The Change and the Longing

Holmes had Moriarty. Ripley had the Alien. Beowulf had Grendel (and Grendel’s mum. And a rando dragon. Go away). Do you know what my nemesis is? CLIFFS. They are impossible to draw, no artist has ever been able to capture them properly, no I am not accepting any counterarguments or ‘evidence’ to the contrary at this time. I will return once I have located my smelling salts and have another go. (AK adds: writers’ nemeses are counterintuitive plural agreement in English.)

That is to say, I’ve been working on the game’s background this week and it’s gone from the left to the right, which suits the game and the way you’ll use it much better. I want to parallel the unreal Wes Anderson-inspired symmetry of Hush House on the left, and to lean into the sense that this world is a place where things really do have real-world connections to one another, but aren’t trying to represent any sort of visual reality. Plus, I like the spooky storybook vibe – I think it’s a perfect page for Alexis’ words to shine.

Still stuff to do, but we’re getting there! AK and I both have also been working on various different weathers, as we’d like to show different environmental conditions, seasons (including the elusive Numa), and something AK alarmingly refers to as ‘incidents’. We want you to feel like you’re passing time in an actual, fully-functioning world, cultivating the places you’ve unlocked over time. Super WIP, but you get the idea below:

Similarly, we’re iterating on ways to shroud various parts of the game before the player’s progressed far enough to unlock them. Remember, the opening of BOOK OF HOURS is your sorry, amnesiac librarian washing up on the beach, soggily making their way for help to the village, and finally finding their way to their new gothic home… The answer is clearly groovy lil’ clouds on cocktail sticks. Hah, you thought this studio could only do words!

AK, myself and freelance codemaster Chelnoque have all been working on card management, too. This is by far the most ‘art heavy’ game AK or I have ever worked on, and we need to balance those visuals, lots of gorgeous AK-writing, crafting windows and the numbers of cards you would expect either from late-game Cultist Simulator OR the storage basement of a mad shut-in Magic the Gathering collector. We’re going with a drawer system for now, which we think is a good half-way house – but this may change.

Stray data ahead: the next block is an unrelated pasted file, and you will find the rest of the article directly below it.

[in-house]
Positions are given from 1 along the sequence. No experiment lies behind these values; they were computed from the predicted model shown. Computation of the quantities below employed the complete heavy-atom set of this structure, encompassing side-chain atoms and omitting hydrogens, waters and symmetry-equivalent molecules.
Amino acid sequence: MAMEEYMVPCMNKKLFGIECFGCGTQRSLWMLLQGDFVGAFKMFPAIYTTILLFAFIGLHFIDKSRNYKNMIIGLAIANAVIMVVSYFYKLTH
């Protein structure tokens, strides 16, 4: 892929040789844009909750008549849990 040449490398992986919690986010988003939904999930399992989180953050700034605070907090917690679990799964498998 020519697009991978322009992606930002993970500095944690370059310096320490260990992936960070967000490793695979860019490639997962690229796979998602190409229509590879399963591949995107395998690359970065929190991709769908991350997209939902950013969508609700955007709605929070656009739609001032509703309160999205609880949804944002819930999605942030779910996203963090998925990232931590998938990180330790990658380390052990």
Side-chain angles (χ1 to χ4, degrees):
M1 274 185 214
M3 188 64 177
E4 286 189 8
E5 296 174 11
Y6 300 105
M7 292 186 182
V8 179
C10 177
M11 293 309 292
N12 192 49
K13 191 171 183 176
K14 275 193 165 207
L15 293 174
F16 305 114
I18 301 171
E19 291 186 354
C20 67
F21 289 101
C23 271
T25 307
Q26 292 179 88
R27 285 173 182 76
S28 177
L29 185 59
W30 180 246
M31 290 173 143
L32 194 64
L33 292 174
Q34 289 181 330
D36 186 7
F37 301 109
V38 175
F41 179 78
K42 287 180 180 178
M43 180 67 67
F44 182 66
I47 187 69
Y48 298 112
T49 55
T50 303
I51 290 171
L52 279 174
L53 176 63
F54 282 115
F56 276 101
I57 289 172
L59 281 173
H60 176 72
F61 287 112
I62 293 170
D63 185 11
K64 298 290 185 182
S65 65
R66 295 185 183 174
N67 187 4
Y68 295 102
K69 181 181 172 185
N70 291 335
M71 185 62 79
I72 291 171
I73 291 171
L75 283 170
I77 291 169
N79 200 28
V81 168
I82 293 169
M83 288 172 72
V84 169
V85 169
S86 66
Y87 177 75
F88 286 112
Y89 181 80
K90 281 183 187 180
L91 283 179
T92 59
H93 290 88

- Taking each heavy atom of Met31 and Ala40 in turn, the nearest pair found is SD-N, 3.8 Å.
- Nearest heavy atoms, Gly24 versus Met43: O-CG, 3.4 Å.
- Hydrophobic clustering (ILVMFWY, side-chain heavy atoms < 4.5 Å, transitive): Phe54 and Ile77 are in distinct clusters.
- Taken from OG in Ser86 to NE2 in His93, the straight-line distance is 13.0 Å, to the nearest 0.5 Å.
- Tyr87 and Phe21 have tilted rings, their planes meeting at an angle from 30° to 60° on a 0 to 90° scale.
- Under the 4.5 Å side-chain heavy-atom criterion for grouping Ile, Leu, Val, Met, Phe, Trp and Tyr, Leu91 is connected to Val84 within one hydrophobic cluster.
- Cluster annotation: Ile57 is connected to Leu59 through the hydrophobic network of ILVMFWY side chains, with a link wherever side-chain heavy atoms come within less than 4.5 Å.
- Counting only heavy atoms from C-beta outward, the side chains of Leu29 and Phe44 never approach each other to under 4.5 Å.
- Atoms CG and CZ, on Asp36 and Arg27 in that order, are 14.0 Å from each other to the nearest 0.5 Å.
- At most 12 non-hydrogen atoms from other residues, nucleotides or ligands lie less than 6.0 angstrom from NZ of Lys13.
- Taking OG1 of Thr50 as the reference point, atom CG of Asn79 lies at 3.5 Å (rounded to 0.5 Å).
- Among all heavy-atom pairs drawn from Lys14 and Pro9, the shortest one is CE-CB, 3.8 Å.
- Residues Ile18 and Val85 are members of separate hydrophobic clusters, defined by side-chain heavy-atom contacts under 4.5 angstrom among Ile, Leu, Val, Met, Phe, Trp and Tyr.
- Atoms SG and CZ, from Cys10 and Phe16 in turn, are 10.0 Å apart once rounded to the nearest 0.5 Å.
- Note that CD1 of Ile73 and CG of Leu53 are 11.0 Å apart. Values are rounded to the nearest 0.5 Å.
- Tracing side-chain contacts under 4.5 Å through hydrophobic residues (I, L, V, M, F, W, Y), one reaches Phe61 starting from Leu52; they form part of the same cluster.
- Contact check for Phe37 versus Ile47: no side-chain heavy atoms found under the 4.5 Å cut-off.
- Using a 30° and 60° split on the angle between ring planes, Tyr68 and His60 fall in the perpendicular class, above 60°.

AK’s found the time to write a bit, too. January will probably be a writing-heavy month (bring on the coffee!) because we’re hoping to get a solid, representative game build at the end of the month, but we already have early-game options like:

“I am the Librarian of Hush House. If I write Histories with an encaustum ink, it is no small thing. I’ll need to use one of the languages of power, and muster enough of a Principle to support my assertions.”

Conversely, if you’re a reprobate –

“I am the Librarian of Hush House. I probably shouldn’t write my Histories directly on the table.”

AK adds: one of the temptations in game writing, especially when there’s a lot of gaps to fill in, is to treat it like grout. Here’s a choice, here’s an outcome, twenty words that are different enough for this outcome, move on. And some writing is just filler. Maybe the introit is ‘Move to the next day’ and the follow-up is ‘A new day dawns.‘ It could reflect the game state – ‘the new day dawns fresh and cold’ but that might be redundant if you’re showing the weather graphically – which means you’re teaching the player that the text is ignorable froth, and also landing yourself with a bit of extra complexity and opportunity for bugs. It could be a gag or image – ‘Another day. I’ll be useful once I have some coffee in me’ or ‘Another day. I’ll shake the sleep from my limbs’ but maybe that conflicts with something else, maybe it sounds repetitive… especially on day 20. It could be one of several random text strings, but that almost never works as well as you might expect – it tends to draw attention to the repetition rather than otherwise – and it then takes several times as long to write.